I get the comparison – ‘a short-term solution, but a long-term headache’ – but Scandinavian euphemisms don’t translate easily to English.
That’s right. When you are an outgoing EVP you can say what you really feel and don’t have to run your statements through an army of global, culturally-aware PR people.
Nokia’s (NOK) soon to be ex-EVP Anssi Vanjoki told the Financial Times that it wouldn’t be prudent, long term, to go to Google’s (GOOG) Android platform. While the initial warmth (ahem) of having a complete, modern OS would be nice initially, in the long term, they’d be relegated to the (errr) cold reality of being exclusively a hardware maker like Motorola (MOT), Samsung and HTC.
To put it another way, losing control of their software destiny and relying on Android as the universal OS may lead to “permanently low profitability” with users failing to distinguish between different brands if they all offer the same experience.
That doesn’t mean incoming CEO Stephen Elop feels the same way. Elop comes from Microsoft (MSFT) and partnered with Nokia while at his previous gig. The software sharing mantra may be what Nokia’s board had in mind when they brought in the Canadian to run the world’s largest mobile phone maker. It will be interesting to see if Elop continues to try to build a future with Nokia’s Symbian and Meego OSes or outsources Nokia’s phone OS to Android or Windows Mobile 7.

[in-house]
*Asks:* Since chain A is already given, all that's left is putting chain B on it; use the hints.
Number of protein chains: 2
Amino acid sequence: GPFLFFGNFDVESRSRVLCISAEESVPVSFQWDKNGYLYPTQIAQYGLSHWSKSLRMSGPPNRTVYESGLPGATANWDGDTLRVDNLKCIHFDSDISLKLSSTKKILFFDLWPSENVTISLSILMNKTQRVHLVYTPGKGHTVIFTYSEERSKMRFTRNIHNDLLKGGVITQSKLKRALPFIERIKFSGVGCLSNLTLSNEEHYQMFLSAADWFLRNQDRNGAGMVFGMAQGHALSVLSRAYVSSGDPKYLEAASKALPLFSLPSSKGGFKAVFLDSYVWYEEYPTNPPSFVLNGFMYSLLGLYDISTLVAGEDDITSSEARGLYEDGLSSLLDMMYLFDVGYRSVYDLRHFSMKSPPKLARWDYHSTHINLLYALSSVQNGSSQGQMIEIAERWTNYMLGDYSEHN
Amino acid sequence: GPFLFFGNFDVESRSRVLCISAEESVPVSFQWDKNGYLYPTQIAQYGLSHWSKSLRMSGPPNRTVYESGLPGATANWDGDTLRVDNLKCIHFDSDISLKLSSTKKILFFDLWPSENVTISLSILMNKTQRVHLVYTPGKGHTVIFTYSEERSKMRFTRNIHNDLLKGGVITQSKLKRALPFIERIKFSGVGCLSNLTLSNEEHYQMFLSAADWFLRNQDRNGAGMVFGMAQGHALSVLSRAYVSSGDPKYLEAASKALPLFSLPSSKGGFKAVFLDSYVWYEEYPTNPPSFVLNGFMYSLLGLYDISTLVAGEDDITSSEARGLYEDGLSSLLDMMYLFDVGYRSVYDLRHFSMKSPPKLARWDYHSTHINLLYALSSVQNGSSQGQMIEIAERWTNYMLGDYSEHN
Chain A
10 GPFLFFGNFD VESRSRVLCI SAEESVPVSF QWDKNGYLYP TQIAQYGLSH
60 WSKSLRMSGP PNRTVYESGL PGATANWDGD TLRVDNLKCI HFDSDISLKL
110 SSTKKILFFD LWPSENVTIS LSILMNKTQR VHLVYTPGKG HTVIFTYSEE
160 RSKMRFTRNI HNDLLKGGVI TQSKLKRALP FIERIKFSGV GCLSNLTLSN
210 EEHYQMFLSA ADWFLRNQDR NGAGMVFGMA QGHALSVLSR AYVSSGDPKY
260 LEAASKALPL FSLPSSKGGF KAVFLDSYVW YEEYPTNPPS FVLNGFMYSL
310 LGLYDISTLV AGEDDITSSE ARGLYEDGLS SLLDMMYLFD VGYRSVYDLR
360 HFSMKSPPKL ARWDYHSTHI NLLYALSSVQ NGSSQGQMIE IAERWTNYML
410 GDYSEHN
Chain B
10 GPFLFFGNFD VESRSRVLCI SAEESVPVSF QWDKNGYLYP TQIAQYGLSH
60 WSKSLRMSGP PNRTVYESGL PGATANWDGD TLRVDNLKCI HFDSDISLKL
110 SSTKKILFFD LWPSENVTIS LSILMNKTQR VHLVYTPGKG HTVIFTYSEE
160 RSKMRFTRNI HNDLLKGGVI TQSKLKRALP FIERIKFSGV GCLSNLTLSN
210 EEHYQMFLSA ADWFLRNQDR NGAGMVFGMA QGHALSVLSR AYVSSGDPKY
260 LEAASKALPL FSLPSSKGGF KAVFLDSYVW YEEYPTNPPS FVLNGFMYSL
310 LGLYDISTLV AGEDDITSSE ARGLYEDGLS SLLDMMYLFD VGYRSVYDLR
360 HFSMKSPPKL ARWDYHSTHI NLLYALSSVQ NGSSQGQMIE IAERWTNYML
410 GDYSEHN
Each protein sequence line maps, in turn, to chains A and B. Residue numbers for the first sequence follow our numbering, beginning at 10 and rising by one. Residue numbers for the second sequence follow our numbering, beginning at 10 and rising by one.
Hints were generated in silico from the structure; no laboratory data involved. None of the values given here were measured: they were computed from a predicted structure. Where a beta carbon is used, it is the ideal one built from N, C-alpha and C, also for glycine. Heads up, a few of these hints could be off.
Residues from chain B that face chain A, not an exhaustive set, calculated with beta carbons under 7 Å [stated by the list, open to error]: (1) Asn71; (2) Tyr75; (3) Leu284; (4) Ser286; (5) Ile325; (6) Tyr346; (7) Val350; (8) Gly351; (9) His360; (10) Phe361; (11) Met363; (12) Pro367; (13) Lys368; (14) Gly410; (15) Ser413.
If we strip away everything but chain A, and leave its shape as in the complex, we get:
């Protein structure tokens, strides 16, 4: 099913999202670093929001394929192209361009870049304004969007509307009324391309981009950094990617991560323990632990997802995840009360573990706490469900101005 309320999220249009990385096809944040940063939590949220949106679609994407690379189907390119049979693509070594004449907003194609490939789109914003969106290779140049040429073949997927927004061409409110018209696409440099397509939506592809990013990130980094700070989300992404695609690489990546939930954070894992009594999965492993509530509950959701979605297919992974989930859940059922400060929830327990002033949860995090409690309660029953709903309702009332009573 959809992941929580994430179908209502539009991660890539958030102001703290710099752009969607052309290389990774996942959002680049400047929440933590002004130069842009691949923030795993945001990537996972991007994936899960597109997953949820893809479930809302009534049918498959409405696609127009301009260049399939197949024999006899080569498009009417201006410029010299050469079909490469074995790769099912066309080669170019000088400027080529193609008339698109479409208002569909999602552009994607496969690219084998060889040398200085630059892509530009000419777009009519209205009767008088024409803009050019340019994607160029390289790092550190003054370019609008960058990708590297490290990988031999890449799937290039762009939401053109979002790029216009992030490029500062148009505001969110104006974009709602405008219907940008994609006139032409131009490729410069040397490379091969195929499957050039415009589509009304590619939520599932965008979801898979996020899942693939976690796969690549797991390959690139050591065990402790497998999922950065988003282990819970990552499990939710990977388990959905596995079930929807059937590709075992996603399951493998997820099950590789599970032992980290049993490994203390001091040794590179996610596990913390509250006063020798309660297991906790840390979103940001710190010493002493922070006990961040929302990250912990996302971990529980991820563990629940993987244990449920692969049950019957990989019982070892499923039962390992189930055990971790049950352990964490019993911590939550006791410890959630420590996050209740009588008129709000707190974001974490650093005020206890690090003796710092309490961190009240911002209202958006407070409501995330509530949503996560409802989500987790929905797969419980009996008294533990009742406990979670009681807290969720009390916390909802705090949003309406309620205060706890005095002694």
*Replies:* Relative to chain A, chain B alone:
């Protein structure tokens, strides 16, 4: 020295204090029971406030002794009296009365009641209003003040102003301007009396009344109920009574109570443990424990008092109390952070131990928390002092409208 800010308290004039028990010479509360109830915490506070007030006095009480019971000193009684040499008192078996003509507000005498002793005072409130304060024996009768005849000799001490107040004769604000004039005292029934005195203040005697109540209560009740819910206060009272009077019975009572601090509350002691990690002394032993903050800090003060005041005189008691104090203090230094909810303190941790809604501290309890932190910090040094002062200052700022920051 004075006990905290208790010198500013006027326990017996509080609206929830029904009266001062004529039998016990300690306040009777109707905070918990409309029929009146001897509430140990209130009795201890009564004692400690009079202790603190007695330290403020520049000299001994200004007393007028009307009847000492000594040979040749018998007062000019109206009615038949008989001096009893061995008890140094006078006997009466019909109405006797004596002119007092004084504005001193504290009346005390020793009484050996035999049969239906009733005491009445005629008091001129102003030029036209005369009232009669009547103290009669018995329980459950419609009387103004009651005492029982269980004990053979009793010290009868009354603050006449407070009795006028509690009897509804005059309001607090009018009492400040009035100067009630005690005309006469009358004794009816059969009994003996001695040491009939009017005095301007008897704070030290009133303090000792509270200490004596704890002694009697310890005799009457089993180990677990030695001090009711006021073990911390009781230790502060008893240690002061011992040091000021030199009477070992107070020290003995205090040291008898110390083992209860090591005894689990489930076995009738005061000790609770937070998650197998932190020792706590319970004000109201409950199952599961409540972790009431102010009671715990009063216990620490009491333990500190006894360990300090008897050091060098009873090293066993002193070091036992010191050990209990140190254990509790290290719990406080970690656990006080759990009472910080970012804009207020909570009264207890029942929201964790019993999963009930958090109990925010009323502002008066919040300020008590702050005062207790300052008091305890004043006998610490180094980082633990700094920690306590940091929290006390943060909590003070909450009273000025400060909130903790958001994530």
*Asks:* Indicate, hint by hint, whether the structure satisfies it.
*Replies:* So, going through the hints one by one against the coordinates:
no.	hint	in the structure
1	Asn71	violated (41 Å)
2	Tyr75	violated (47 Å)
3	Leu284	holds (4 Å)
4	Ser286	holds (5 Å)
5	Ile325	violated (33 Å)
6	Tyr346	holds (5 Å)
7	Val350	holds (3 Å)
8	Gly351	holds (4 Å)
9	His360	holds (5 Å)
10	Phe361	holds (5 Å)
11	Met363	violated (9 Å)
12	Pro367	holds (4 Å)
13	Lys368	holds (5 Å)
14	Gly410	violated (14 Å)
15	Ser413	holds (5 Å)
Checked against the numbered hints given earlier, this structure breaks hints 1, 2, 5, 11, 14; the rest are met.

He could even bring in old friends and ex-Microsofties J. Allard and Robbie Bach who had a few phone OS designs of their own, but didn’t win over Microsoft CEO Steve Balmer.
An interesting note: Palm, while transitioning to its webOS, used rival Windows Mobile in its Pre smartphones for a few years — to the surprise of many. Its older OS simply wasn’t viable and webOS was years from being ready so they made the tough choice of licensing Windows. While it obviously didn’t win the long term battle for Palm, which eventually got sucked up by HP (HPQ), the strategy did sell handsets and did stave off obsolescence for a few years.
Nokia is currently in a far better place than Palm was, but I wouldn’t be surprised to see some Nokia Android/Windows Phone 7 series devices roll off the assembly line in the next year.